This would provide earlier opportunities for law enforcement to detect and disrupt criminal activities and prevent criminals from enjoying the proceeds of their offending.

What is the issue?

There are many reasons why precious metals and precious gemstones are internationally recognised as vulnerable to money laundering and terrorism financing.

For example, precious metals and gemstones are readily purchased and sold anonymously using large sums of cash or digital assets.

"Money laundering is not a victimless crime. It is a critical facilitator of most serious crimes and undermines the rule of law globally."

They can also be purchased directly from the general public at below-market cost — from individuals who do not have to prove ownership of second-hand precious metals and gemstones presented for sale.

Precious metals and gemstones can be used as an alternative currency to make untraceable payments for illicit goods and services.

They can also be a reliable investment with a stable return.

These products can be easily moved domestically and offshore, as individual items may be small yet very high in value.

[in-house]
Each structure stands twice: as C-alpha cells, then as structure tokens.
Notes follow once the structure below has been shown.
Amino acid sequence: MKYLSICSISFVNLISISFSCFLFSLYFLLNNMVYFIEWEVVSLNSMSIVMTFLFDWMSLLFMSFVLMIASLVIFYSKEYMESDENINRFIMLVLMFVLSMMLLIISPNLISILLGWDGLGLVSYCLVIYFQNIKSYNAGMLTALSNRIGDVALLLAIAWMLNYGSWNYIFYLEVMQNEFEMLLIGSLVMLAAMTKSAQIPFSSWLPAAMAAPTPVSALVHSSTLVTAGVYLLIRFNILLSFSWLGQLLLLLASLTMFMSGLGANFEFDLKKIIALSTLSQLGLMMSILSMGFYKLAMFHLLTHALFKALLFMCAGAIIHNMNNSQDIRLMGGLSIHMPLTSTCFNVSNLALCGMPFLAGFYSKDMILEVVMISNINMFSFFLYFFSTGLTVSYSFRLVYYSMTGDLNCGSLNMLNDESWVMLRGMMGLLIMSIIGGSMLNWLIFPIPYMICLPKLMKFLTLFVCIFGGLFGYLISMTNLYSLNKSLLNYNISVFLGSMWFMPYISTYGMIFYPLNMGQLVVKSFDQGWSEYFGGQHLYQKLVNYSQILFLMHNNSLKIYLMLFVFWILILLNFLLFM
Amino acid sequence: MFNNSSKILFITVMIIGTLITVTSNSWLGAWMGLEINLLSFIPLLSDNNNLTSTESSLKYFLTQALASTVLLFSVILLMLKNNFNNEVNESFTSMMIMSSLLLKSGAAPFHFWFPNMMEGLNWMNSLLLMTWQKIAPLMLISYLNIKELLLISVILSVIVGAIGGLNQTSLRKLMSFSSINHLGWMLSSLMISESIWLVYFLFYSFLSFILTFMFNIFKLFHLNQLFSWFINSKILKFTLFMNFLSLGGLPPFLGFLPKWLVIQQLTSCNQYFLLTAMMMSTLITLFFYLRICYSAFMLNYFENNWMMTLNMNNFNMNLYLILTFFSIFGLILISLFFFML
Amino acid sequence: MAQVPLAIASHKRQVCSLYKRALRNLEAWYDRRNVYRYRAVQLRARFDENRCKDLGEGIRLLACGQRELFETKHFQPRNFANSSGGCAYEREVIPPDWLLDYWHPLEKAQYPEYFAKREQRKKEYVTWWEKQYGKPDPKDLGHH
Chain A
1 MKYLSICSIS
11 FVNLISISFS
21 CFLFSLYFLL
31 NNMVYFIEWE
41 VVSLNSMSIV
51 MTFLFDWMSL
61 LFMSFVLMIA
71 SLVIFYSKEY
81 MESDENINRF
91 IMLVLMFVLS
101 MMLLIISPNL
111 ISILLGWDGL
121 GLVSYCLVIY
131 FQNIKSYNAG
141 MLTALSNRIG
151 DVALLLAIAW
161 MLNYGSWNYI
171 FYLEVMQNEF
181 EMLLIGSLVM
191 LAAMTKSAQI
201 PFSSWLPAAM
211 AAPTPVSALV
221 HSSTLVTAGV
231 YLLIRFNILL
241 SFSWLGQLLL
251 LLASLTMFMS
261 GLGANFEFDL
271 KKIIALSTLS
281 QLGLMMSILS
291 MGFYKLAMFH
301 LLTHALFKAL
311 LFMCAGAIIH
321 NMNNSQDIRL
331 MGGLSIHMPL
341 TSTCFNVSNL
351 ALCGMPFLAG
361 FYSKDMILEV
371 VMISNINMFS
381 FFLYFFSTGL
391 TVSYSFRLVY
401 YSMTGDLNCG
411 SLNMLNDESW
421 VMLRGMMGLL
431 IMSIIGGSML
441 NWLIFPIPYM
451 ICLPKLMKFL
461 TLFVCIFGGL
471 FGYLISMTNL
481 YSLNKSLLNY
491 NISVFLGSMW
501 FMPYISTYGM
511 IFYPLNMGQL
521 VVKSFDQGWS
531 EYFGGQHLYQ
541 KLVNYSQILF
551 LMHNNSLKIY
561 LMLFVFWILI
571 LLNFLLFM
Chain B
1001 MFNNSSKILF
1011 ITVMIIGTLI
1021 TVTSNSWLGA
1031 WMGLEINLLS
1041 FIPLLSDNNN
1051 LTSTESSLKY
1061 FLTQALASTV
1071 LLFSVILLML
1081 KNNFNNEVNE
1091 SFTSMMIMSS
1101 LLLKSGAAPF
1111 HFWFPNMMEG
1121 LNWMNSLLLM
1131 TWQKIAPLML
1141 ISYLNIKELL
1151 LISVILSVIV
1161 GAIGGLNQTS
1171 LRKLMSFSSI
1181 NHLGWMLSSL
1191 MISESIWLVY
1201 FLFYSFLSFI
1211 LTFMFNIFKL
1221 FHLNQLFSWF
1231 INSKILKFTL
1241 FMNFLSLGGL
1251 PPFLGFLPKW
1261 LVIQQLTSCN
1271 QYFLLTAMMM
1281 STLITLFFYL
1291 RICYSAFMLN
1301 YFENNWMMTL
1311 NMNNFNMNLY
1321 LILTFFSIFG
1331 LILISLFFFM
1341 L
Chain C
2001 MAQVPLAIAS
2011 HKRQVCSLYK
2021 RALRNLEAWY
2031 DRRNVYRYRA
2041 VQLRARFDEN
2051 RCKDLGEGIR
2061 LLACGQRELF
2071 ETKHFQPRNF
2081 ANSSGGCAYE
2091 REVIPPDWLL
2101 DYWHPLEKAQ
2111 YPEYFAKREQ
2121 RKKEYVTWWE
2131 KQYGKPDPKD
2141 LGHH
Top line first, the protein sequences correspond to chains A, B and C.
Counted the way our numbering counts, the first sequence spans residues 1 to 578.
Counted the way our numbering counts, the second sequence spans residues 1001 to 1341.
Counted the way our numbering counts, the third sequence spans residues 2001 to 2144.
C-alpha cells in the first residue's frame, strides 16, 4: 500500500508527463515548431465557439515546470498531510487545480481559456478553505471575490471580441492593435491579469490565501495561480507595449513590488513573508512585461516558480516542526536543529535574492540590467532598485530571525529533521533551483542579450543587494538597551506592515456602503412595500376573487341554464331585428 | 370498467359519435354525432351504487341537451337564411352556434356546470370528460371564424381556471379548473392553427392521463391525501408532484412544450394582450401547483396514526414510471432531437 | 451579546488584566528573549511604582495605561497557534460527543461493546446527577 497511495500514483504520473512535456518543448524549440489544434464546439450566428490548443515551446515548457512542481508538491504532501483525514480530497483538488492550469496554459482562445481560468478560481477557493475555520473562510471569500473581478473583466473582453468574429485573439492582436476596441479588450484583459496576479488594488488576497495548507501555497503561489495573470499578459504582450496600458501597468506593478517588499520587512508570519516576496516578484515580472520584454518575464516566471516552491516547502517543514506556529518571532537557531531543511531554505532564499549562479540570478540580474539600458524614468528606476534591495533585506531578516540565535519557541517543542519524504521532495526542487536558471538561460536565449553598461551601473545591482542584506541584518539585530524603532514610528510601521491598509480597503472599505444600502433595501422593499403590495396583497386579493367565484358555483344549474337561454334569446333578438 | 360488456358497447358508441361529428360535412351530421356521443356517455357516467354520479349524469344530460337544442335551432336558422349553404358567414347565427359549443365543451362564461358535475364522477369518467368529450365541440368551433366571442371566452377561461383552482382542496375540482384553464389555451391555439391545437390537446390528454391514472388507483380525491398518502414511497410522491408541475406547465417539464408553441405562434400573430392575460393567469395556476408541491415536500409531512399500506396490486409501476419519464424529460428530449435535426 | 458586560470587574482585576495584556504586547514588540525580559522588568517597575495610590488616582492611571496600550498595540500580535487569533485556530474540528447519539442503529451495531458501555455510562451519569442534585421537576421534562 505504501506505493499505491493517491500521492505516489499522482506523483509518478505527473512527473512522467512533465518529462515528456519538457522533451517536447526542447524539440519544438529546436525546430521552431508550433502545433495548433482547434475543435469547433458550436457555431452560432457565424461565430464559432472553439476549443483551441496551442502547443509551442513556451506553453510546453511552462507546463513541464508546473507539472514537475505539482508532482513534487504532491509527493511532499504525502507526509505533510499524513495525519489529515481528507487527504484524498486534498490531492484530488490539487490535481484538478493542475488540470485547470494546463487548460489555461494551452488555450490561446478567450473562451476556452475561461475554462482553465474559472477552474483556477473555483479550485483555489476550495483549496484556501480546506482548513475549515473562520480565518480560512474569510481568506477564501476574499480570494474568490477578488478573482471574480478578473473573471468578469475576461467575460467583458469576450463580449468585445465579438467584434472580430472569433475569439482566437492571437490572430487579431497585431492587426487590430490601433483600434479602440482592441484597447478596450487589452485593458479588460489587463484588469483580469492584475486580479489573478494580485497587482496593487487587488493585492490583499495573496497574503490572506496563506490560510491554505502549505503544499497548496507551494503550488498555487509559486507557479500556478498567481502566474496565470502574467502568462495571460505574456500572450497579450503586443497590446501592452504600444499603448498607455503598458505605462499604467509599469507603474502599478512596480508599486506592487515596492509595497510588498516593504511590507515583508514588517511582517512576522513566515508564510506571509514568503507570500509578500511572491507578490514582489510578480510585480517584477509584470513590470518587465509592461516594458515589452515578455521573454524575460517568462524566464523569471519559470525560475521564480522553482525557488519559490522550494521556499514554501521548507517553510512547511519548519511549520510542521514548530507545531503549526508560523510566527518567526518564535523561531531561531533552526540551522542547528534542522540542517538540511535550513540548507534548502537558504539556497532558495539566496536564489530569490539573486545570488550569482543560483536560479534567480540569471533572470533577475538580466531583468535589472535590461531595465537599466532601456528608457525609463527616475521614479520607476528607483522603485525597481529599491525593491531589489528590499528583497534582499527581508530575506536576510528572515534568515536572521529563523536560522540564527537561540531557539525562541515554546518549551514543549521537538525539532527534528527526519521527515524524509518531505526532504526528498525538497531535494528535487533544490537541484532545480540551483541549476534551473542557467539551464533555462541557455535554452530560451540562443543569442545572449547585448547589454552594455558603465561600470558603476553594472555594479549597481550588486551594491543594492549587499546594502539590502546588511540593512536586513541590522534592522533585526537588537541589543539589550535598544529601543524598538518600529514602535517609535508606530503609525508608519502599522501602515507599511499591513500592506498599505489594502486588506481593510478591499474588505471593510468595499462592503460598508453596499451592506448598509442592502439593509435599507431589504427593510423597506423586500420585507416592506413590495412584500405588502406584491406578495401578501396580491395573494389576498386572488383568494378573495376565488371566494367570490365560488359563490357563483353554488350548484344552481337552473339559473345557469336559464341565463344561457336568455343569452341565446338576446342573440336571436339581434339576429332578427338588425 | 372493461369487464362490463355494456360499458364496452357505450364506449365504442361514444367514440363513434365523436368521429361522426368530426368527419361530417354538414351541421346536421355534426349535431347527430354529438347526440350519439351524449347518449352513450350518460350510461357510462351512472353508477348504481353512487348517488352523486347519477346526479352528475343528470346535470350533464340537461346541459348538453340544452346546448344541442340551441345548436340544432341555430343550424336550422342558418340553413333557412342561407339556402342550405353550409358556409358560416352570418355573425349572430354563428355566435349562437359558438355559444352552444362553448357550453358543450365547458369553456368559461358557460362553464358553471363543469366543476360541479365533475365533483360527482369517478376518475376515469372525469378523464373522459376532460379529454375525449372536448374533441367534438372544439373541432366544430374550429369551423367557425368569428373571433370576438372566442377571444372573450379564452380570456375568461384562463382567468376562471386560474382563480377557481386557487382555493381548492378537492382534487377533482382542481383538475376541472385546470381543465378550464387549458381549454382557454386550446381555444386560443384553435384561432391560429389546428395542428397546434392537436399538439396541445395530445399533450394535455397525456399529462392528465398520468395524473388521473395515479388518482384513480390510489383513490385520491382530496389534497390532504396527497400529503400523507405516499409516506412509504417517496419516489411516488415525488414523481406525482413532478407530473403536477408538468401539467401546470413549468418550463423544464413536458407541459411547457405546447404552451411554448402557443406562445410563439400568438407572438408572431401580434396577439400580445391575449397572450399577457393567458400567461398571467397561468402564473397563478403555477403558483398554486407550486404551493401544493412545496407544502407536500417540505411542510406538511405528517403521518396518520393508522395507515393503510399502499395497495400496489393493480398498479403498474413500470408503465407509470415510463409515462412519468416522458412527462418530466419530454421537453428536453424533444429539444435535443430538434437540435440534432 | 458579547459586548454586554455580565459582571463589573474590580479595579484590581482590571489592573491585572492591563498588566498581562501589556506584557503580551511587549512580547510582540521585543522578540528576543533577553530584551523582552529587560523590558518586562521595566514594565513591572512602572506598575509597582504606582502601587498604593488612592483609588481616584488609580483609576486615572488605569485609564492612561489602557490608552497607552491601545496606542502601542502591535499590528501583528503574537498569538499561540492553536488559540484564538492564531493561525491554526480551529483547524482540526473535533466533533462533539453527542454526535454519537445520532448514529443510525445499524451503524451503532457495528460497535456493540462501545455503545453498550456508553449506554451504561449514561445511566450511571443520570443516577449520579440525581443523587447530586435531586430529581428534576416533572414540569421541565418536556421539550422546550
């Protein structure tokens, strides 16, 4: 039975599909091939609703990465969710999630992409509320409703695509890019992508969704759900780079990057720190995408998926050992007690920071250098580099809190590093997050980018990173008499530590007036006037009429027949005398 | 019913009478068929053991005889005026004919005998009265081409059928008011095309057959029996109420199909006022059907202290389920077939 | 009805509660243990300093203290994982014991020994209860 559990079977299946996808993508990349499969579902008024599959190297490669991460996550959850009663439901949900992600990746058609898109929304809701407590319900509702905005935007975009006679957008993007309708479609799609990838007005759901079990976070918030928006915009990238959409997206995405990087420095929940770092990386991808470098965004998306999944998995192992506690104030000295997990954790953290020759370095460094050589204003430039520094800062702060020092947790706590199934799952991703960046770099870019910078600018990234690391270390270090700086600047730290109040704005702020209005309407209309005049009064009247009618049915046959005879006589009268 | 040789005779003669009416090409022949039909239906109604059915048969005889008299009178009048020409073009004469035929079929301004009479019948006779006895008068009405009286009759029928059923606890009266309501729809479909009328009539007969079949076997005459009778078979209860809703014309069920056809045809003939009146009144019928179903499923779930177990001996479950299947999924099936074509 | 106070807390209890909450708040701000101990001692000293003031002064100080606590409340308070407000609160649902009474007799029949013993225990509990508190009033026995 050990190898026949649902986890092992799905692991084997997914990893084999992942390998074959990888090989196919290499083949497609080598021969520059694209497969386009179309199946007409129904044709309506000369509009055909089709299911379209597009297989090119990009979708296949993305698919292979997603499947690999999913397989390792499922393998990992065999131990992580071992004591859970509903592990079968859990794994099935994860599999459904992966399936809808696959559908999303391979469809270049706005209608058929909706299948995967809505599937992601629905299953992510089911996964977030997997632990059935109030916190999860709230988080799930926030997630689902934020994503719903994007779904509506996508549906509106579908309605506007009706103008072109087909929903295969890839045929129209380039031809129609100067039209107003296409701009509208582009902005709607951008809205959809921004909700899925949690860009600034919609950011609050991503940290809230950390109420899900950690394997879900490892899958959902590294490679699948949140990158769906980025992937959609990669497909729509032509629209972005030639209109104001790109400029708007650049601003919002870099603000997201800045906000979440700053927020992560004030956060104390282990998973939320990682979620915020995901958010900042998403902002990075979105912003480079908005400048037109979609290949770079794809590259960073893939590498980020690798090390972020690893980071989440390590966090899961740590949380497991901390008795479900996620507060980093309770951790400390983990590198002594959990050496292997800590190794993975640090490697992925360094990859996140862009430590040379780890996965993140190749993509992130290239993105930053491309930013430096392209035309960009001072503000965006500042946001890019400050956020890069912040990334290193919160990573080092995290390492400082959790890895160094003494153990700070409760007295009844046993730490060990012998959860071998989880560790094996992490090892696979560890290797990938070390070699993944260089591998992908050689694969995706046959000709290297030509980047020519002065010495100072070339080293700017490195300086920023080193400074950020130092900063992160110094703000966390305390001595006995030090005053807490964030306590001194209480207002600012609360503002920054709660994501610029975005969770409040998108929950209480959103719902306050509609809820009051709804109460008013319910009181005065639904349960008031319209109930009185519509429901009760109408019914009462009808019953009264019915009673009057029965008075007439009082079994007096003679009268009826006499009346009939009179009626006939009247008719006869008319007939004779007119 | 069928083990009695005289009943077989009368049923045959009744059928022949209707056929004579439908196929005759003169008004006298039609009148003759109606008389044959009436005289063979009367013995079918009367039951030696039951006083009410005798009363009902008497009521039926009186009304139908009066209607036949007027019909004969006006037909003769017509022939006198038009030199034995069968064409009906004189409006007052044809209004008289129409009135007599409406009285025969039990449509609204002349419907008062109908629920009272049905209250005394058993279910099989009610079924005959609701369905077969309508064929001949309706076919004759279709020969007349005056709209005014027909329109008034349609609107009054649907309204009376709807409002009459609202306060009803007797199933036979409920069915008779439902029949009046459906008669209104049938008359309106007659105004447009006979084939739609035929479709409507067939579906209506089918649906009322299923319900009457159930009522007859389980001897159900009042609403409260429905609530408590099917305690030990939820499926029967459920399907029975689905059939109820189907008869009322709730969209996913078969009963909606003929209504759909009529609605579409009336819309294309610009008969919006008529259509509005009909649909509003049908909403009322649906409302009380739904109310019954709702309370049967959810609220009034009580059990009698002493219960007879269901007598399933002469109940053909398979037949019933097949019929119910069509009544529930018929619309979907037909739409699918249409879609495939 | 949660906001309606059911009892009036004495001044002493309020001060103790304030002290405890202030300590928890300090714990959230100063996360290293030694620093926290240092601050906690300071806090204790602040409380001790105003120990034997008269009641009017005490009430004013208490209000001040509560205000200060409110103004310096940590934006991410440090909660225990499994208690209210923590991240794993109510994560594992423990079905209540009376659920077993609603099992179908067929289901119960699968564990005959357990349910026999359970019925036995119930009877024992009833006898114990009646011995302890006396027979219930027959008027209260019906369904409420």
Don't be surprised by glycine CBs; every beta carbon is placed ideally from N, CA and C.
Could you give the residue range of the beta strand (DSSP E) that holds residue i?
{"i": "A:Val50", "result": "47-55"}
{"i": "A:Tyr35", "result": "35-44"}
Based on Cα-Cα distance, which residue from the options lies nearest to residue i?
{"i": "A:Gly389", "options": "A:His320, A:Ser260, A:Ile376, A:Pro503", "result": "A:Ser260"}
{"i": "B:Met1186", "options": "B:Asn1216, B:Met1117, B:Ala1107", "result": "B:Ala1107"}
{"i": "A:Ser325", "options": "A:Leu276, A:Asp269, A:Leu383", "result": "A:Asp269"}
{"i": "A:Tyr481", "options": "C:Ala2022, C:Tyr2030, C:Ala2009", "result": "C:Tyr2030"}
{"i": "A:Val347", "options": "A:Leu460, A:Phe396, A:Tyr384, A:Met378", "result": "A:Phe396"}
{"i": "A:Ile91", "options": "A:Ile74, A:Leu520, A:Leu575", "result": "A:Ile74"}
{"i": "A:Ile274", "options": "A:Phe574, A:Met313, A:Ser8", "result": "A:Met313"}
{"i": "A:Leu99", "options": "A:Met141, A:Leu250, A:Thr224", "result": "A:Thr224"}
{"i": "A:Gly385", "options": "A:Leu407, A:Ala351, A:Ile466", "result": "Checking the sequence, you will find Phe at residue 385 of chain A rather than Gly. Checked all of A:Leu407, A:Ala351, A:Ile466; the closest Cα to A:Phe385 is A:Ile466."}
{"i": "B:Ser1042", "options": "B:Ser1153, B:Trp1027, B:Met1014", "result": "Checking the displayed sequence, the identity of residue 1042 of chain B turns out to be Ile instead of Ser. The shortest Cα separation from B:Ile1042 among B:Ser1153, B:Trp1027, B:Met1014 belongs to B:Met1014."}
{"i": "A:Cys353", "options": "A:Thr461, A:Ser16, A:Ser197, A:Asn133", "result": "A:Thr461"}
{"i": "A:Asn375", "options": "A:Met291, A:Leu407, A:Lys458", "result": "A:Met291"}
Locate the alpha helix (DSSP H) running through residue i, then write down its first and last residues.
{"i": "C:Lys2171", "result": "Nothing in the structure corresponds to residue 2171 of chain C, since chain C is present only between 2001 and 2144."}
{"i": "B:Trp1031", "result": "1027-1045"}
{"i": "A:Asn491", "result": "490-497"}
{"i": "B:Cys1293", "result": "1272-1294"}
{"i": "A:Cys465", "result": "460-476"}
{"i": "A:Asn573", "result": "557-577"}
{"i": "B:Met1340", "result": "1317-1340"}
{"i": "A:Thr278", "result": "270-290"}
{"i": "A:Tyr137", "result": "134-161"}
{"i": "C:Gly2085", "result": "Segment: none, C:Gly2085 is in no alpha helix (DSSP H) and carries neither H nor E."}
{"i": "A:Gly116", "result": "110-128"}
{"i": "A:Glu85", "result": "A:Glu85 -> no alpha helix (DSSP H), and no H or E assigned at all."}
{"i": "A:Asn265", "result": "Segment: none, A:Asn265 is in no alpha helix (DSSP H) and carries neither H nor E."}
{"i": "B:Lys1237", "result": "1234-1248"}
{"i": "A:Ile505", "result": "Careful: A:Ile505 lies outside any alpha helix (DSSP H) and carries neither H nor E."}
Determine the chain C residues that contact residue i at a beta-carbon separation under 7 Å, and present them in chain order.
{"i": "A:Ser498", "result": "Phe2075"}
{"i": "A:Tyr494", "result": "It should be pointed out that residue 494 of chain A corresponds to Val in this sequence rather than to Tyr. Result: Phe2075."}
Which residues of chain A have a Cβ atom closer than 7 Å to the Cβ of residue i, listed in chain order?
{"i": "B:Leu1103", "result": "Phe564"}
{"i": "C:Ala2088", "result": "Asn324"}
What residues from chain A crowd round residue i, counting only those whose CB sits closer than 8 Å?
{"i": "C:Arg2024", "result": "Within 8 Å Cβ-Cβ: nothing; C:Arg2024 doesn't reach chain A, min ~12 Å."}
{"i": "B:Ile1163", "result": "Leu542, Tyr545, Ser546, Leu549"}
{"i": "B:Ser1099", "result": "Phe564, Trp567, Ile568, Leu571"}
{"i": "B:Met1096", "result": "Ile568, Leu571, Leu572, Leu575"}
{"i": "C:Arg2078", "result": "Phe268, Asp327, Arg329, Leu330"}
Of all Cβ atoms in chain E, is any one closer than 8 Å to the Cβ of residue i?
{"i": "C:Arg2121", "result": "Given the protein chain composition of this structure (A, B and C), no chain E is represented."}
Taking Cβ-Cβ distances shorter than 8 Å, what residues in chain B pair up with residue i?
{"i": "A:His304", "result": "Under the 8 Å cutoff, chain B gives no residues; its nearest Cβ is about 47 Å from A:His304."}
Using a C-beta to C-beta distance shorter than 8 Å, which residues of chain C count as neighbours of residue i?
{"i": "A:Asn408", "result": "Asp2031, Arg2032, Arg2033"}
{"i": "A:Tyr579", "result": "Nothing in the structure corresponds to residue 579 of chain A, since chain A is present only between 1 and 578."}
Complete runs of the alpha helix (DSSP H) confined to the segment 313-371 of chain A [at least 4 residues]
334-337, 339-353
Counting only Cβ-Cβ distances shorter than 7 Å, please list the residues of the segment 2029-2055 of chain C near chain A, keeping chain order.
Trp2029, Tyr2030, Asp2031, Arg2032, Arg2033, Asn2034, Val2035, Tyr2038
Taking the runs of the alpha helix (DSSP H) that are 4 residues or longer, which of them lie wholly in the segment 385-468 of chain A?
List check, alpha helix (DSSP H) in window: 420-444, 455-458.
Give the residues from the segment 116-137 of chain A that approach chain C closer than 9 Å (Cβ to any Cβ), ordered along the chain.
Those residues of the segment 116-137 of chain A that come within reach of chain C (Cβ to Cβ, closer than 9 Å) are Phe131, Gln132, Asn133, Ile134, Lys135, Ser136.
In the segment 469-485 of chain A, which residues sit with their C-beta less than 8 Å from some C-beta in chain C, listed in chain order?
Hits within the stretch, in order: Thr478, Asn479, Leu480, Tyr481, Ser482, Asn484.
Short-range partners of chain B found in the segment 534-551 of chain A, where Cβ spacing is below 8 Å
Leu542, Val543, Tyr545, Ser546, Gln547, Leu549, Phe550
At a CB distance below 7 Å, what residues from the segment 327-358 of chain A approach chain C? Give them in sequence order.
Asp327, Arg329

Precious metals and gemstones are difficult to trade and detect. They can be reshaped, altered, or hidden in common objects to avoid detection.

They are also undervalued or overvalued to disguise the movement of crime proceeds.

What is the proposed solution?

The department has proposed designating nine jewellery industry activities as services listed under the Anti-Money Laundering and Counter Terrorism Financing Act (2006).

These include the following:

  • Selling or offering the sale of any precious gemstone or precious metal
  • Importing or possessing for sale, any precious gemstone or precious metal
  • Manufacturing jewellery with precious metals and precious gemstones
  • Producing precious gemstones or precious metals at mining operations
  • Intermediate buying and brokering
  • Cutting and polishing precious gemstones and metals
  • Manufacturing any precious gemstone or precious metal
  • Refining precious metals
  • Buying and selling in the secondary and scrap markets

The first jewellery industry activity listed would apply to retail jewellers and watch dealers. The ninth activity listed would apply to pawnbrokers and antique jewellery dealers.

This will mean that businesses such as jewellery stores, watch retailers, and bench jewellers that provide ‘designated services’ would be regulated under the regime regardless of how they brand their business or identify themselves.

Under the Act, they would be known as ‘reporting entities’ and would have obligations to manage and mitigate the risk of money laundering and terrorism funding.